Compass Guided Tour. A curriculum-based, docent-led tour of 14 different exhibits, highlighting countries and musical cultures. Includes directed, hands-on activities in the MIM’s education classroom. Best for grades 4-12.

Discovery Semi-Guided Tour. A teacher- and chaperone-led tour of student-selected exhibits coupled with docent-led talks and group discussions. Includes directed, hands-on activities in the MIM’s education classroom. Best for grades 4-12.

Trailblazer Self-Guided Tour. A teacher- and chaperone-led expedition-oriented tour through the museum, which includes the opportunity to examine and play various instruments in the MIM’s Experience Gallery. Best for middle school and high school students.

Each tour includes time in all of the MIM’s geographic galleries. Tours must be scheduled at least five weeks in advance and include at least 120 students. Cost is $8/student ($10/student for artist residency programs).

The MIM, which opened April 24, currently exhibits 3,000 instruments and artifacts from its collection of more than 10,000 objects gathered from approximately 200 countries and territories around the globe.

MIM school tours and curriculum materials align with Arizona academic standards.

To learn more, visit the themim.org and click on the “group tours” icon or contact the MIM education manager at education@themim.org.

Target grant funds field trips to the MIM

A grant from Target will enable Valley school children from five districts to experience “A World of Musical Journeys” during field trips to the Musical Instrument Museum (MIM) in North Phoenix.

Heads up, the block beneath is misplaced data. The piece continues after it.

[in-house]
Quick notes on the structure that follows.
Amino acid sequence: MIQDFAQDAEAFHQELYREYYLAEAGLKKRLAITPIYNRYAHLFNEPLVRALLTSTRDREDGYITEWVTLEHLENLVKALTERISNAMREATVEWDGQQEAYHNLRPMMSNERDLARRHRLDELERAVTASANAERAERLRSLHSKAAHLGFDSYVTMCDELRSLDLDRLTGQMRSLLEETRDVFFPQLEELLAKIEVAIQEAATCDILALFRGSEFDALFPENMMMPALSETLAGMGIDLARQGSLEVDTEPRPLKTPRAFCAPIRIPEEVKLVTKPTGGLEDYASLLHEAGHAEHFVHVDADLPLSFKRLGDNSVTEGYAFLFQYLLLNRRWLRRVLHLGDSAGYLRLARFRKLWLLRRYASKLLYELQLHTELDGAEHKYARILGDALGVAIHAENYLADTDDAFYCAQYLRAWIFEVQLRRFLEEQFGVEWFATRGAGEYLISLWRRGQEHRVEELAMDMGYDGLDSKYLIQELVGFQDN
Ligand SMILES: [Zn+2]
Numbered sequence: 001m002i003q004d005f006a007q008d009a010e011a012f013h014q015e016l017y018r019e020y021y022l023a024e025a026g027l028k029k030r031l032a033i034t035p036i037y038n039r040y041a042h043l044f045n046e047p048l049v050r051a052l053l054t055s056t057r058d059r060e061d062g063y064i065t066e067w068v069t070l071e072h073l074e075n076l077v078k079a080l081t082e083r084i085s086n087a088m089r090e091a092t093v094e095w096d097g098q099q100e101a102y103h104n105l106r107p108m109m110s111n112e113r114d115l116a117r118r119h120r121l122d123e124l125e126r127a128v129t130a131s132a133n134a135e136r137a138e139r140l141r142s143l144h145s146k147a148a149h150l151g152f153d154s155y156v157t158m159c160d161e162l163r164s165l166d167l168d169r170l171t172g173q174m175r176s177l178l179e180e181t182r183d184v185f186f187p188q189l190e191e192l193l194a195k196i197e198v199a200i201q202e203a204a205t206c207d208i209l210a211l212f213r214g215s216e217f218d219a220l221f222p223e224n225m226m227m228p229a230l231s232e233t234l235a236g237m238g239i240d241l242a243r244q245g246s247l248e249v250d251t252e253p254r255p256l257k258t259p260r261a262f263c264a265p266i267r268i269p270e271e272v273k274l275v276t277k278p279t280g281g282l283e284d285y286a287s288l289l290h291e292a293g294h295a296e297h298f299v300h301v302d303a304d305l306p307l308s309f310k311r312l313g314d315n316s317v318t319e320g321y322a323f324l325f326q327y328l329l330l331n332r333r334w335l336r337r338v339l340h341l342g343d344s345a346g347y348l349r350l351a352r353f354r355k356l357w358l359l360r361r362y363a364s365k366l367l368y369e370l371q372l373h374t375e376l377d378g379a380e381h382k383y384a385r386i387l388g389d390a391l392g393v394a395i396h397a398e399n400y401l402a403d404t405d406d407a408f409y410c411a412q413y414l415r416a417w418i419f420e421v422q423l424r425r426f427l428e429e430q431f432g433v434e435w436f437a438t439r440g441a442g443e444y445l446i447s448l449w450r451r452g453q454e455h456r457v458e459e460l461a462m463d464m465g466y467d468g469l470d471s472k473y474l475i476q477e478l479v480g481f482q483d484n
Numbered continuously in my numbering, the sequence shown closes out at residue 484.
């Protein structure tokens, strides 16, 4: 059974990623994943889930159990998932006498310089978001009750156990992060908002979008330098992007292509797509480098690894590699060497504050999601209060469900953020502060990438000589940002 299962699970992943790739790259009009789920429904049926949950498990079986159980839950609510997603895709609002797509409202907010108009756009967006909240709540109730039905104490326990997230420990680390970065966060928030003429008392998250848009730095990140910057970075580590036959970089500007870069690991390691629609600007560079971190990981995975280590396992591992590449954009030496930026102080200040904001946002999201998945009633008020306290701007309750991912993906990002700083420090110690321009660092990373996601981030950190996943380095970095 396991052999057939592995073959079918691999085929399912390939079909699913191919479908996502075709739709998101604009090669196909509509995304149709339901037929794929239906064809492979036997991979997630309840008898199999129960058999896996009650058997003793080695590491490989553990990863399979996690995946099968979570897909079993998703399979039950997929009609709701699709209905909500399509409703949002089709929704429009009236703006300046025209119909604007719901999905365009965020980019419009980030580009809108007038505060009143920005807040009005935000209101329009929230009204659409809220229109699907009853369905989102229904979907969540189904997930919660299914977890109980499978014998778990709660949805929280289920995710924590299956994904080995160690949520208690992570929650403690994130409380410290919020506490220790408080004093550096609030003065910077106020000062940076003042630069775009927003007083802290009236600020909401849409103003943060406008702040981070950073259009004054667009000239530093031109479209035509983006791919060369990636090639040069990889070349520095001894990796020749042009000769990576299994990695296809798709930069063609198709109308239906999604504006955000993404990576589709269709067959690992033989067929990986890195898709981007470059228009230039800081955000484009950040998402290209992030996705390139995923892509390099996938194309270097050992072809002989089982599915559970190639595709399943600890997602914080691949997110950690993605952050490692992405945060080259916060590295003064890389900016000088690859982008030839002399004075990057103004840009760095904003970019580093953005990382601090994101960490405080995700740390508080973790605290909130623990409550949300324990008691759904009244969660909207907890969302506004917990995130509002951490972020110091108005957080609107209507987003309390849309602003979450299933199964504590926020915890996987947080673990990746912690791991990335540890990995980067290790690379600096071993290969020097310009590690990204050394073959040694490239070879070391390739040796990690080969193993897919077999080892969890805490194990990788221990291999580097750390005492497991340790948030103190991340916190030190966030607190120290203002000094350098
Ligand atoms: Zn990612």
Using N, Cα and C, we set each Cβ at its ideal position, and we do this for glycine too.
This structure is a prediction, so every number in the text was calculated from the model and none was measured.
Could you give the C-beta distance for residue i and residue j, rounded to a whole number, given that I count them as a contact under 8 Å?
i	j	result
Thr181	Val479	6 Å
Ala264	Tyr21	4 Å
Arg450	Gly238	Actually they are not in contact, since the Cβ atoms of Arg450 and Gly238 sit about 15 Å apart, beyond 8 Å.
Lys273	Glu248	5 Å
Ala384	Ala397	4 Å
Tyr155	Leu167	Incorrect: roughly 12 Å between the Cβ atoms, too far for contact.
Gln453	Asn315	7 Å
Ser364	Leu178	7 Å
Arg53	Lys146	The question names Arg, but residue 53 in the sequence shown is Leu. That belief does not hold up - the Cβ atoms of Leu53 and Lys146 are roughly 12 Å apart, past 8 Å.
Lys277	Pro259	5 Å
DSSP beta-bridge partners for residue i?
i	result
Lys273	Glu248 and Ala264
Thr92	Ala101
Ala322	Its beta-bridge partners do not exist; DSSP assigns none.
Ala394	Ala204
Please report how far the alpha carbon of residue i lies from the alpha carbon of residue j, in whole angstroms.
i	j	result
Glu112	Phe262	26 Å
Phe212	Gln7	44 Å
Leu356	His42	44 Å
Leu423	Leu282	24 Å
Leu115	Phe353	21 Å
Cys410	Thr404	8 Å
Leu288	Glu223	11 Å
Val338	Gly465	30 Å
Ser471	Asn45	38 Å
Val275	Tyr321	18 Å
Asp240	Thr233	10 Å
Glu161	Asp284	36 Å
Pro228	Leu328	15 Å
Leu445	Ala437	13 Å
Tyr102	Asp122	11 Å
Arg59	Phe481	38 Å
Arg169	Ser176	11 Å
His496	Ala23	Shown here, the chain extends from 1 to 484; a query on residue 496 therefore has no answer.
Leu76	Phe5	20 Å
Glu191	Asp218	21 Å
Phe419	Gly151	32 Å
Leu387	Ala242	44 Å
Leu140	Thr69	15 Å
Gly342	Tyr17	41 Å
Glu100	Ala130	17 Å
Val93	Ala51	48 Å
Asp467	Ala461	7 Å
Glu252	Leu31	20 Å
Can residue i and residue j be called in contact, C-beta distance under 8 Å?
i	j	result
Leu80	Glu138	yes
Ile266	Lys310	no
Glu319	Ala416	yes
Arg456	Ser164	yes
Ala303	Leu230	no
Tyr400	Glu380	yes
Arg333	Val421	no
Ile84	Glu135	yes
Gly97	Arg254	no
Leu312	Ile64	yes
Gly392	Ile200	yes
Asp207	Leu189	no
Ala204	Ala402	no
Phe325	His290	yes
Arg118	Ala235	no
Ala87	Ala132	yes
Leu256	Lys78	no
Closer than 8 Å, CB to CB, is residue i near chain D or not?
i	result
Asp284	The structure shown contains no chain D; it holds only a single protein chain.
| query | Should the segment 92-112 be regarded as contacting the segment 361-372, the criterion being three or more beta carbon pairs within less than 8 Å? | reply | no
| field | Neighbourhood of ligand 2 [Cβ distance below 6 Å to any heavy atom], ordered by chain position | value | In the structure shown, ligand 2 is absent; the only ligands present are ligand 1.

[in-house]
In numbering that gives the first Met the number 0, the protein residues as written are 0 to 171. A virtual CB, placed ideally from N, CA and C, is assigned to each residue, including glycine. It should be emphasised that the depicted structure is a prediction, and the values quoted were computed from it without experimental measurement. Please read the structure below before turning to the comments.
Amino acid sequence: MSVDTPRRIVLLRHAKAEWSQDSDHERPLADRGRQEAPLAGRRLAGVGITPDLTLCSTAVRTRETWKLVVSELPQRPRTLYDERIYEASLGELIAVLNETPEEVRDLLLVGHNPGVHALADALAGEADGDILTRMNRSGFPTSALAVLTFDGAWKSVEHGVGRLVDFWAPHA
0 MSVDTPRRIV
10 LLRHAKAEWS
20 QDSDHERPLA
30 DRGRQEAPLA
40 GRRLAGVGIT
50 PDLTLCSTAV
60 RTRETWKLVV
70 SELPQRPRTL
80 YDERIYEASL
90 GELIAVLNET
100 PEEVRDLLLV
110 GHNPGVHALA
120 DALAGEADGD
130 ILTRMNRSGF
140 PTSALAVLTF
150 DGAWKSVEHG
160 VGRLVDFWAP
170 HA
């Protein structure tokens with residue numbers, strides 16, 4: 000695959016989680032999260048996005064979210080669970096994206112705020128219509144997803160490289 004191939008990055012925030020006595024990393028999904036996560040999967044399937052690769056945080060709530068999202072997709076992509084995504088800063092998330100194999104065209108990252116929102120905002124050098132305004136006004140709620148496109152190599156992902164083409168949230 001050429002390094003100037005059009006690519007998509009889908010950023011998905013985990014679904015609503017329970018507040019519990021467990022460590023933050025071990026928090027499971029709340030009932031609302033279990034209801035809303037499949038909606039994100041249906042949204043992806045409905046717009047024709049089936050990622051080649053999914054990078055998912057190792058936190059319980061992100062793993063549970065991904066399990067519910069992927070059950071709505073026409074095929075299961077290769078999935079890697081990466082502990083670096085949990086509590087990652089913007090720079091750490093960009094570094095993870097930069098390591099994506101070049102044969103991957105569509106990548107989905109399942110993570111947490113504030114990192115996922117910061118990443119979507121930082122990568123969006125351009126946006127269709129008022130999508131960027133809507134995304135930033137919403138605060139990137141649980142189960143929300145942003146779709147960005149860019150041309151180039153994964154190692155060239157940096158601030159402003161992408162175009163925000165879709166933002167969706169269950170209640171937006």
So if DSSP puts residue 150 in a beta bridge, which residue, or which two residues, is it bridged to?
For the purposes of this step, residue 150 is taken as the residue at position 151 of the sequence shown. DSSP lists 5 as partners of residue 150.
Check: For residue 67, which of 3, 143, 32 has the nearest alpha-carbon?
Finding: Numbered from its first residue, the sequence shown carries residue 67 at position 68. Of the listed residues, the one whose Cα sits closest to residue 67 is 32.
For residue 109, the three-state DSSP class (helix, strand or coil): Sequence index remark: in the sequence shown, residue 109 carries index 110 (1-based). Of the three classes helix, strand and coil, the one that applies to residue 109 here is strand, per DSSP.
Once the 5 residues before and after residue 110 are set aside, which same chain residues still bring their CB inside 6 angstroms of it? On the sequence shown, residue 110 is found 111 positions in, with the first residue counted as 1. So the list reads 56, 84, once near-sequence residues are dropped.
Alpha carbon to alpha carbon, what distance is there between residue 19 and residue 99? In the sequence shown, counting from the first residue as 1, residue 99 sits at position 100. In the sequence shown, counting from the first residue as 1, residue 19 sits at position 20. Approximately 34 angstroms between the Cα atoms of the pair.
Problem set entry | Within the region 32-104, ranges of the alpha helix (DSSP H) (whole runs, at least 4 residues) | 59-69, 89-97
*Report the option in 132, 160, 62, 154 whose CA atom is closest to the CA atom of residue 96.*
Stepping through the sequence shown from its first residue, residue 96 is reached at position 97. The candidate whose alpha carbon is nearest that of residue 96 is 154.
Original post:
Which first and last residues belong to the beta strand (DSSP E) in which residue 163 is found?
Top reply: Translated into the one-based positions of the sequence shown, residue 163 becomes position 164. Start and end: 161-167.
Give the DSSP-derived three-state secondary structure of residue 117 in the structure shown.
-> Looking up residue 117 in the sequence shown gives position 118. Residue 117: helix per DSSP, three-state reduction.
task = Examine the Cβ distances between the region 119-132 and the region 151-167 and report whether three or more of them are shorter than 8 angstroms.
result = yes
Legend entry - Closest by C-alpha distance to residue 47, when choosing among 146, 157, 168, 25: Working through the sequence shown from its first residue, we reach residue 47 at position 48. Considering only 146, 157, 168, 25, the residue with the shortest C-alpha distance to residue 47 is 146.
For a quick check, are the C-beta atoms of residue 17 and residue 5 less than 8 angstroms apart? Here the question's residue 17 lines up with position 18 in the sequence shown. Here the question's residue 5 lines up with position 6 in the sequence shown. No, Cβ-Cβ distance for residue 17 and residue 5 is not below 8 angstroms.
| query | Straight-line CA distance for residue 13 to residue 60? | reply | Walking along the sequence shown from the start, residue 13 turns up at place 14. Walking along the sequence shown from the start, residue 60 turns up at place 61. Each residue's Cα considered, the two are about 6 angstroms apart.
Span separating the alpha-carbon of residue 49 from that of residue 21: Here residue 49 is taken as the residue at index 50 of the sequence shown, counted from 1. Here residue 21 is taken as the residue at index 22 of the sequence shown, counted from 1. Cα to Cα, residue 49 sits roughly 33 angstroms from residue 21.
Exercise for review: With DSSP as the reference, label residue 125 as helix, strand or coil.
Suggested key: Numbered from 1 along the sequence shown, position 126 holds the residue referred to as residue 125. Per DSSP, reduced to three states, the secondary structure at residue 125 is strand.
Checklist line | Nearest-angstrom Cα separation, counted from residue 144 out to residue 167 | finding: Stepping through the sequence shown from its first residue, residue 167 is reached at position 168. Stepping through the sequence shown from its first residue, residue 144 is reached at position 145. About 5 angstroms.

The school field-trip program will begin during the current (2010-2011) academic year and is expected to bring in more than 5,000 students and teachers from some 167 classrooms in the Alhambra, Roosevelt, Paradise Valley, Scottsdale and Deer Valley districts.

“Target has been incredibly helpful to MIM as it has developed,” says MIM president and director Bill DeWalt. “We are pleased that they have made this grant to us to support the visits of so many children who will have the opportunity to listen and experience the music of the world at MIM.”

Tours will be age-appropriate, include specially created curriculum for educators and provide unique offerings such as master classes and artist residency programs for older students. In addition to covering museum admission fees, the Target grant will help to cover transportation costs to and from participating schools and to develop post-visit assessments for teachers, students and participating volunteers to capture information needed to ensure the program continues to meet its objectives.